The Baltimore Slavery Riot

Pro-slavery forces in Baltimore, a city that had given Abraham Lincoln only 1,100 of more than 30,000 votes cast the previous November, rioted on this date in 1861 as Union soldiers from Pennsylvania and Massachusetts arrived to secure the town, situated dangerously close to Washington, DC. The riot erupted only six days after hostilities had […]

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September 4: Inciting the Slaves

According to a New York Times report on this date in 1860, “Friederman and Rotenburg, two German Jew peddlers, have been arrested and examined by the Rusk Vigilance Committee” in Montgomery County, Texas. “The former was released, nothing being proven against him. Rotenburg was accused by several negroes [sic] of inciting them to insurrection. His […]

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February 14: Frederick Douglass’ Lover

Abolitionist champion Frederick Douglass was born a slave in Maryland in February, 1818 and chose this date as his birthday. He had a twenty-eight year love affair with Ottilie Assing, a writer and journalist who was the daughter of a prominent German Jewish doctor and a Lutheran mother. Assing emigrated to the U.S. in 1852 […]

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July 13: Draft Riots in New York

On the first of three days of “draft riots” in New York City, a mob gathered on this date in 1863 in front of the home (on West 34th Street and Eighth Avenue), of Jewish Republican leader and abolitionist Abram J. Dittenhoefer (1836-1919), shouting “Down with the abolitionists” and “Death to Dittenhoefer.” A messenger was […]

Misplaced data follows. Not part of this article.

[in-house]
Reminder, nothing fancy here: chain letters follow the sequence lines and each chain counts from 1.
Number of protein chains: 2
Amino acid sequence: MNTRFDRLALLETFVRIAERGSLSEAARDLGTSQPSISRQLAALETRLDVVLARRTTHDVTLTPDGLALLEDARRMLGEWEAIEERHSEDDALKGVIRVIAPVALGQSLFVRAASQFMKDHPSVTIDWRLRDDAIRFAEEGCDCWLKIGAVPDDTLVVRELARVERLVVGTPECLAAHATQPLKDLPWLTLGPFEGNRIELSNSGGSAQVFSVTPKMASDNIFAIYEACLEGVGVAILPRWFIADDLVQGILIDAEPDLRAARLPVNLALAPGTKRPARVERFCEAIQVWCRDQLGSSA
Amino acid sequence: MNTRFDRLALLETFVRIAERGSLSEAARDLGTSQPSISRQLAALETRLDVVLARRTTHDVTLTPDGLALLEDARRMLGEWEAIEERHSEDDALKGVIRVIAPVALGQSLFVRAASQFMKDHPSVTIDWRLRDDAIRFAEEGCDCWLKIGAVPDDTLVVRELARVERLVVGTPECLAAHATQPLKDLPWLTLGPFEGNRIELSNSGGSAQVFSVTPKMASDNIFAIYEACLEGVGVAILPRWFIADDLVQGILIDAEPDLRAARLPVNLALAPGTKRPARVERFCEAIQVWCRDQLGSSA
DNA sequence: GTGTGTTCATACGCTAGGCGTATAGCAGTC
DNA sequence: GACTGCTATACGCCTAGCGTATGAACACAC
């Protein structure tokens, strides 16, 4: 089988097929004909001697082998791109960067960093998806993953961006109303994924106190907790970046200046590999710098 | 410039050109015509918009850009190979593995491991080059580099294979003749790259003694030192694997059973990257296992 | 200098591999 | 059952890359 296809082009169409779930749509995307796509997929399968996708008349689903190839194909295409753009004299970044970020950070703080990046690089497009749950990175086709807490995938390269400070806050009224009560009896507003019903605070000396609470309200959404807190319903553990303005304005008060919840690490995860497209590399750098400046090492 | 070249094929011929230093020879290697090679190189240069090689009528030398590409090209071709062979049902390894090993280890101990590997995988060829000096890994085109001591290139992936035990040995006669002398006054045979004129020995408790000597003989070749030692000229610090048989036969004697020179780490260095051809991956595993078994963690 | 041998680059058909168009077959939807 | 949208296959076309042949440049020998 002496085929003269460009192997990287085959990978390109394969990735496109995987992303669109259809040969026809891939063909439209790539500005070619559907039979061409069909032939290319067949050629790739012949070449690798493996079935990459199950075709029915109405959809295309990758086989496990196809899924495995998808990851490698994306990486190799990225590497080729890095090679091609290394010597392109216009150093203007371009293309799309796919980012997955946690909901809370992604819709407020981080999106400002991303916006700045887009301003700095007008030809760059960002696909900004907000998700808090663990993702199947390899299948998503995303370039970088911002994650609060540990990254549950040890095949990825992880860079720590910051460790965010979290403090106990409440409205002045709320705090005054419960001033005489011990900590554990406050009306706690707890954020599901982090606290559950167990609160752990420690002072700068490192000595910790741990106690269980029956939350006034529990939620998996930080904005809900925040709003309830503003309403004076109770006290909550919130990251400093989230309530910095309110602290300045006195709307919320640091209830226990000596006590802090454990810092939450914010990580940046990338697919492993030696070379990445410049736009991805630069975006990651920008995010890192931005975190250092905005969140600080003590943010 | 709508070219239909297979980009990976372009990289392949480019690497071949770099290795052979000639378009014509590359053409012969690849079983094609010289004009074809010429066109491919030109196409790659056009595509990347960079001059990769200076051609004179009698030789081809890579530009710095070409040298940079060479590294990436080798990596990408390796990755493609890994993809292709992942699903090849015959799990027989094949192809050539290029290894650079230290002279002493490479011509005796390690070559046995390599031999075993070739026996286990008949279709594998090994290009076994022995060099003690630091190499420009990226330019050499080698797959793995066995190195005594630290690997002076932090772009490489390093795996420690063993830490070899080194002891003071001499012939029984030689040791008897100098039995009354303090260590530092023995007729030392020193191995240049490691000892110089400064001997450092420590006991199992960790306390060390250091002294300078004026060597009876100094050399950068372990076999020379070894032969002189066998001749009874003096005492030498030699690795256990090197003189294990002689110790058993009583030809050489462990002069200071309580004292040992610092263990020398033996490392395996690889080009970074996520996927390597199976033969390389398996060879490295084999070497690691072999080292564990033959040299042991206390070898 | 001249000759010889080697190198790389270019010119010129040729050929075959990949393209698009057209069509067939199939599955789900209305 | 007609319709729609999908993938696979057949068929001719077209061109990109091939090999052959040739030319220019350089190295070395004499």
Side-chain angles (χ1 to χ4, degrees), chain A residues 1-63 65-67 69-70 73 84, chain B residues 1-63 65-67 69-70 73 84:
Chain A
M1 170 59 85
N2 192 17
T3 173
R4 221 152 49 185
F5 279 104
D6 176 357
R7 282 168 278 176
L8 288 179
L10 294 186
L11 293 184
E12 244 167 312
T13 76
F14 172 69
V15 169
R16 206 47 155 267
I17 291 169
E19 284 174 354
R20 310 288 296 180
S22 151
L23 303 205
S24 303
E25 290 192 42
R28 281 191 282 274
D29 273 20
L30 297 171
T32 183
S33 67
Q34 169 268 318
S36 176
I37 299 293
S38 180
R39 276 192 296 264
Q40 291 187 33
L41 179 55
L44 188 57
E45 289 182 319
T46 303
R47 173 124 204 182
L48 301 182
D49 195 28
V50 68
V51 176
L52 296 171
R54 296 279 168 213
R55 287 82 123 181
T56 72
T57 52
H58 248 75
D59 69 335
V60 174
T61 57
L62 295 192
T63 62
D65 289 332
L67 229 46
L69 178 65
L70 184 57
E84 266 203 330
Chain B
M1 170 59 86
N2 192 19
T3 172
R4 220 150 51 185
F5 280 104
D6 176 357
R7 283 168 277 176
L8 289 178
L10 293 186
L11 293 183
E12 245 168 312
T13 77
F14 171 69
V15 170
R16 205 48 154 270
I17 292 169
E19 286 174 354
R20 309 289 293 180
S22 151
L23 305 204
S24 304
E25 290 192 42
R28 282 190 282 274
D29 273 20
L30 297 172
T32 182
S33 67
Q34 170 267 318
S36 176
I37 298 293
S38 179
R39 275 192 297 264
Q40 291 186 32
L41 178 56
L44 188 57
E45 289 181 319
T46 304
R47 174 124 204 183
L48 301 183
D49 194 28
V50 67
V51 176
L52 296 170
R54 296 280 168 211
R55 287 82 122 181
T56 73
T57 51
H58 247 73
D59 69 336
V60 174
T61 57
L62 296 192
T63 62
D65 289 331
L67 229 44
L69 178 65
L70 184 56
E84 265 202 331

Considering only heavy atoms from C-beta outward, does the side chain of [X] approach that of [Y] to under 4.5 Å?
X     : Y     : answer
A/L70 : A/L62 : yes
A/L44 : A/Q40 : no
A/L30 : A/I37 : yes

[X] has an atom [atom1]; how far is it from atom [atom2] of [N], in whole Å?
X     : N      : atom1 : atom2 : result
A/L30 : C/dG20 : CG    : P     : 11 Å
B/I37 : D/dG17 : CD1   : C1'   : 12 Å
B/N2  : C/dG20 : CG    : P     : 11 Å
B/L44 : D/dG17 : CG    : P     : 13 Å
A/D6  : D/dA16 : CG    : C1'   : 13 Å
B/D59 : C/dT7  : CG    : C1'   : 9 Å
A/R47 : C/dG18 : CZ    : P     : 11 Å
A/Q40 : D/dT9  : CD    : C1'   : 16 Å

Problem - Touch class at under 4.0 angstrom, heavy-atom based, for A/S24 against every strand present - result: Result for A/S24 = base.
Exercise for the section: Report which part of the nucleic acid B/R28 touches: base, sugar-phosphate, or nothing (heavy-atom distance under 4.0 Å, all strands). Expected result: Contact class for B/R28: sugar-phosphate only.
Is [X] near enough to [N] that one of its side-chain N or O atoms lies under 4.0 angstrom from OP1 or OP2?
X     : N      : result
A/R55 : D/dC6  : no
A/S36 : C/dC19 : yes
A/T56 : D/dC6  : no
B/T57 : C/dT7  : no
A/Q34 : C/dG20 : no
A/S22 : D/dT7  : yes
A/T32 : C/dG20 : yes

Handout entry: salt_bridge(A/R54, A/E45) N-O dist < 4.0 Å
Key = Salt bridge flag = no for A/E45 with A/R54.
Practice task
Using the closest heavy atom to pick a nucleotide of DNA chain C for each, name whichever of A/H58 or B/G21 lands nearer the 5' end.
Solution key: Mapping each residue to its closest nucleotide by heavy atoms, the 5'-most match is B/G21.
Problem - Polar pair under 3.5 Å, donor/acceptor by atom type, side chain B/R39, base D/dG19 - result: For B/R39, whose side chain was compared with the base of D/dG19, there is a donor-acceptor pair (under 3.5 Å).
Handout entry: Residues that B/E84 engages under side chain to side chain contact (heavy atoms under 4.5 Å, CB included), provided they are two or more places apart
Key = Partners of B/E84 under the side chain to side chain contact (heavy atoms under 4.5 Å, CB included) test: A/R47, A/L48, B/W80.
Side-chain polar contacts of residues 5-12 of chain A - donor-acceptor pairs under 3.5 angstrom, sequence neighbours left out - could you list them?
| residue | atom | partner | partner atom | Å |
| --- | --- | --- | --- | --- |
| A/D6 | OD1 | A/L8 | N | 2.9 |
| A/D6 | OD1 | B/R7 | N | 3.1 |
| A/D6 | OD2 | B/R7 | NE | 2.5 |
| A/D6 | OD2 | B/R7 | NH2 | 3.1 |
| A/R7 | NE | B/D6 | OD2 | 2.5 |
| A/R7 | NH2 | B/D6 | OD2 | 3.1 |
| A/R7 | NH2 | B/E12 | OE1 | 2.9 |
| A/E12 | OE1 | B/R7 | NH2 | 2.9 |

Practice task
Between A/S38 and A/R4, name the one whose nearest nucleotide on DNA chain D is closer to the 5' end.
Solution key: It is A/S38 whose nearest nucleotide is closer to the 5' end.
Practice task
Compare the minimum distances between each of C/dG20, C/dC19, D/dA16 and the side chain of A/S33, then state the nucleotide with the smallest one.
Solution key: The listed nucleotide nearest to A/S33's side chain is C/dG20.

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May 17: The Impious Ernestine L. Rose

As reported in William Lloyd Garrison’s abolitionist paper, on this date in 1850, Ernestine L. Rose was booed at a meeting of the American Anti-Slavery Society by a crowd of hecklers led by a Tammany Hall operative, Captain Rynders, who shouted, “I have always respected the presence of ladies, but I doubt very much whether […]

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March 9: The Abolitionist

Moritz Pinner, founder of a bilingual abolitionist newspaper, The Kansas Post, and an early activist within the Republican Party, was born in the Grand Duchy of Posen (Poland/Germany) on this date in 1828. He emigrated to the United States at the age of 24 and mastered English very quickly, as within five years of his […]

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July 14: Wilhelm Rapp, Abolitionist

Wilhelm Rapp, an emigré from the 1848 revolution in the German states who became an active abolitionist in the U.S., was born in southern Germany on this date in 1827. Rapp edited German-language newspapers in Philadelphia, Cincinnati, and Baltimore, where his anti-slavery views made him a target of mob violence in that Confederate-sympathizing city; during […]

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January 29: Ernestine Rose and Thomas Paine

Speaking at the annual Thomas Paine Dinner in New York on this date in 1848, Ernestine L. Rose, the “Queen of the Platform,” expressed not only her feminist and abolitionist beliefs but her anti-religious views when she denounced “superstition [that] keeps women ignorant, dependent, and enslaved beings. Knowledge will make them free. The churches have been […]

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